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[PHOTO] A Steamy View of the Skyscrapers, Post-storm in Hong Kong

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Livin’ in the Kong! The Mostly Great Outdoors of Hong Kong

© 2014 deb fong photography at more at Hong Kong Fong

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Portrait In Jazz: Bill Evans Trio 1960

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Bill Evans TrioWhen I Fall In Love (with Victor Young, Edward Heyman)
album: Portrait In Jazz  release: 1960

Diary of a Radical Conformist  

 Portrait In Jazz 


Murder and the Masterpiece: Did an Artwork Solve a Decades-old NYC Crime?

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Robert Rauschenberg’s ‘Collection’ & the Case of the Four Boys

Andrew Scott Cooper writes: Murderous deeds have inspired artists like Caravaggio, Jacques-Louis David and Paul Cézanne to produce some of their best-known works. But has there ever been a case of an artwork helping solve a real-life murder mystery?

In their confession statements, the four boys admitted to a litany of other offenses and unsolved crimes that had panicked their neighborhood over the summer: punching and kicking to death a second man, Reinhold Ulrickson, on a Brooklyn street corner 10 days earlier; pouring gasoline over a third man and setting him alight; horsewhipping two young women in rauschenberg_talla public park late at night; and assaulting numerous others who had the misfortune to encounter them. Prosecutors expressed shock and bewilderment.

[Check out Andrew Scott Cooper's book  "The Oil Kings: How the U.S., Iran, and Saudi Arabia Changed the Balance of Power in the Middle East" at Amazon]

“I can’t understand what would make boys do such terrible things,” said the Kings County District Attorney. “They apparently had no reason except the thrill they got.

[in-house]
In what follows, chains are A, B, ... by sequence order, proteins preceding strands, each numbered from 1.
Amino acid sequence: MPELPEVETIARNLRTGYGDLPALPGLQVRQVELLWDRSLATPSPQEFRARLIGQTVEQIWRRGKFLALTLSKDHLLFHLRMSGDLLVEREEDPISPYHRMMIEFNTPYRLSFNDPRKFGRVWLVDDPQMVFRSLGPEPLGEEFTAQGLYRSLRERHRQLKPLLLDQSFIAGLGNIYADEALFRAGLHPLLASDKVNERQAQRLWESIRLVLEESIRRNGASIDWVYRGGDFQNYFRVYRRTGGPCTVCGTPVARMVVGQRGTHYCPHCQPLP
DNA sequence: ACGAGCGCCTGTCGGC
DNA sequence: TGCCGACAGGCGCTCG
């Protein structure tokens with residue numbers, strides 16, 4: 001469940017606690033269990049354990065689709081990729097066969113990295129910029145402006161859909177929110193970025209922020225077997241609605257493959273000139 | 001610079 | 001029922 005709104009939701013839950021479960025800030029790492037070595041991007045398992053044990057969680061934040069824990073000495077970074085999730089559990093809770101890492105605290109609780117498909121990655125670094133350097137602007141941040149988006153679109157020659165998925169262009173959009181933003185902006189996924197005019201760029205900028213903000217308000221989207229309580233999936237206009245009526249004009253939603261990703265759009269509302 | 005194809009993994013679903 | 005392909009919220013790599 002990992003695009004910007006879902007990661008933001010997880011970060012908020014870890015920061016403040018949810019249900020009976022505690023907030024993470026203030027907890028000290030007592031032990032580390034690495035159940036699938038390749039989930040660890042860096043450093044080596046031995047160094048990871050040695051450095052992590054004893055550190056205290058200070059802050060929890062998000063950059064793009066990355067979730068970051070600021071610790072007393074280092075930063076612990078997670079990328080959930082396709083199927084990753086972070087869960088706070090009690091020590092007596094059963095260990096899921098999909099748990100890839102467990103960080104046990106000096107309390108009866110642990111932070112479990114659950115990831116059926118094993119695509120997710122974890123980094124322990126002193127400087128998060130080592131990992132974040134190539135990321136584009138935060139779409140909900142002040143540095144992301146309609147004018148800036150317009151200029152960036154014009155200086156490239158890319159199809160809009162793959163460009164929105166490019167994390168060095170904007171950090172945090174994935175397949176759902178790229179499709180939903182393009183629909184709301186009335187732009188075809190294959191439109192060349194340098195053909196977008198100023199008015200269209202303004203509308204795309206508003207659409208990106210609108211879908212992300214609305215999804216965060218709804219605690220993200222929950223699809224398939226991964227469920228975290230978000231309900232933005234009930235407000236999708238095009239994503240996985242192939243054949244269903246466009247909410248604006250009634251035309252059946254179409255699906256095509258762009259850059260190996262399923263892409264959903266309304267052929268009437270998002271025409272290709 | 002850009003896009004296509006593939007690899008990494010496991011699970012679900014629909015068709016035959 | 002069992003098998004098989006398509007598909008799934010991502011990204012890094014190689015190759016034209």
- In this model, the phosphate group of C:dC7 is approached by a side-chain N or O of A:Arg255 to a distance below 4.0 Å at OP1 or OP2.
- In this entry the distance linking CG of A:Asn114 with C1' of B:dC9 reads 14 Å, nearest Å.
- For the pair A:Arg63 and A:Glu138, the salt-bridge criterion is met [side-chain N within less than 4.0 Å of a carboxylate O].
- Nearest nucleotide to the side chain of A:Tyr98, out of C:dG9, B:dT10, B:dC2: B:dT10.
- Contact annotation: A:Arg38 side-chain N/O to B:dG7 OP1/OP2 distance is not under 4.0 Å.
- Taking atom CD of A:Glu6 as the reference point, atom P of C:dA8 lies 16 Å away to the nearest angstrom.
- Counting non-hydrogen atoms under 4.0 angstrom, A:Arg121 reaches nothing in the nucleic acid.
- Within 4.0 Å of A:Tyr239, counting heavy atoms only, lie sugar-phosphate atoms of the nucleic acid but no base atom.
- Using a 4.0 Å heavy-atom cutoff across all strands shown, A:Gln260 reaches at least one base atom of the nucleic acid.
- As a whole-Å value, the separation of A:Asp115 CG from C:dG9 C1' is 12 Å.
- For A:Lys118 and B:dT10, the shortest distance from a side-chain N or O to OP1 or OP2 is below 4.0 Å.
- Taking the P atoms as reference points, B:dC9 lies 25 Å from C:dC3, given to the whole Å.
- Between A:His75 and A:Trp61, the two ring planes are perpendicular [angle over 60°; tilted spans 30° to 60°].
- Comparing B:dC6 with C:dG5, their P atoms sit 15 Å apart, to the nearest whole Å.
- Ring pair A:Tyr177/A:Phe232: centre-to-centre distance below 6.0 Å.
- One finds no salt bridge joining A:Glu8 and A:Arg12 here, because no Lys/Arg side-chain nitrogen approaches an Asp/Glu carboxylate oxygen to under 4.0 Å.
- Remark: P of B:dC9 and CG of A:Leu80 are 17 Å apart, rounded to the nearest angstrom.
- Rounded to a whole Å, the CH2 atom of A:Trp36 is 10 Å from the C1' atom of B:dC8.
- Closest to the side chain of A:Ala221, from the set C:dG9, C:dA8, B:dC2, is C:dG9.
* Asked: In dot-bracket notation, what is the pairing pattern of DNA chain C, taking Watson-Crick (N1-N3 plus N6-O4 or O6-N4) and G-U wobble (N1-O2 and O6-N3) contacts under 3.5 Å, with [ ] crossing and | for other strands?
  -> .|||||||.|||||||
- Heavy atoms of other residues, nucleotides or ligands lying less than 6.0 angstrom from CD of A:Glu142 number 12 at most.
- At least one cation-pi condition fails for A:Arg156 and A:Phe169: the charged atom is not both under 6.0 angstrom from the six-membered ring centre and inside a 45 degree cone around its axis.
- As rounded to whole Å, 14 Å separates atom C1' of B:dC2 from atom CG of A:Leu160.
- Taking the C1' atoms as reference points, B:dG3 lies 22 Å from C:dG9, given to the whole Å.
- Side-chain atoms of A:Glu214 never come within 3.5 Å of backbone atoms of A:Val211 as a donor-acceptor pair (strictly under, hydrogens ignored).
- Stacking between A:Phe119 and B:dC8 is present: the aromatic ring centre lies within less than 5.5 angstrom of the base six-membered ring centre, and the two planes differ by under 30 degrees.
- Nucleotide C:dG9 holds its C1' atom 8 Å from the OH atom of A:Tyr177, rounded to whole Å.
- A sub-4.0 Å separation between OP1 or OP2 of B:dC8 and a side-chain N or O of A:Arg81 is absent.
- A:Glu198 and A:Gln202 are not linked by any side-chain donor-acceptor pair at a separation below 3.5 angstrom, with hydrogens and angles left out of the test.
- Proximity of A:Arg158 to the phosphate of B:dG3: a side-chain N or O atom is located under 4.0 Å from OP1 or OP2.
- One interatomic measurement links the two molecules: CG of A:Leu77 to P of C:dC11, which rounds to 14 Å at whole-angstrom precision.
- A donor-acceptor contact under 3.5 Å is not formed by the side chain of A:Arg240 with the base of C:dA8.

Robert Rauschenberg

”Sixty years ago this month, on August 16, 1954, four Jewish teenagers dubbed the Kill-for-Thrills gang were accused of slaying black factory worker Willard Menter under the Williamsburg Bridge. According to police accounts, Brooklyn youths Jack Koslow, 18, Melvin Mittman, 17, Jerome Lieberman, 17, and Robert Trachtenberg, 15, confessed to beating and kicking their victim, burning his feet with lit cigarettes, and then dragging him to the end of South Fifth Street where he was beaten again to the point of unconsciousness, thrown in the river and left to drown.

The so-called “Nights of Horror” crime spree and the story of four good boys gone bad shattered the complacency of an American summer. Overnight, Koslow, Mr. Mittman, Lieberman and Trachtenberg earned notoriety as the human face of juvenile delinquency. Articles on the boys and their exploits appeared in mainstream news publications like Time, Newsweek, Look and The New York Times, which splashed the case on its front page. So great was the media frenzy that by the end of the year Hollywood gossip queen Hedda Hopper suggested the boys were the inspiration for James Dean in Rebel Without a Cause.

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The sensational murder was front-page news.

Read the rest of this entry »


Best Quality ‘CRAB’ Firecrackers

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[VIDEO] Compilation of All of the Quentin Tarantino Movie Deaths, Set to Music


h/t VA Viper


Poster Art: ‘Banditi Atomici’ 1955

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Banditi atomici (Creature with the Atom Brain) è un film del 1955 diretto da Edward L. Cahn.

Arcane Images


[PHOTO] Cary Grant: North by Northwest, 1959

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North by Northwest (1959)

[Check out the Alfred Hitchcock - The Masterpiece Collection at Amazon.com]


Hong Kong Food Fong of the Day

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Perfectly crispy yet tender lemongrass chicken skewers, with a coriander/lime/chili oil dipping sauce – and heavenly curried beef in betel leaf, with crushed peanuts, at Chôm Chôm… (more)


Big Bang Extra Loud: Space Missile Brand Best Quality Supercharged Firecrackers

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[BOOKS] American Pioneer: Laura Ingalls Wilder’s Real-life Memoir to be Published

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The project’s online home has pictures of the real places in the book and the artifacts that helped tell the story.

For the LA TimesCarolyn Kellogg reports: Laura Ingalls Wilder based her beloved “Little House on the Prairie” books on her actual experiences growing up on the American plains. But they were books for children, and, sometime in the 1920s, she wrote a memoir that would have been rated R for violence and adult content.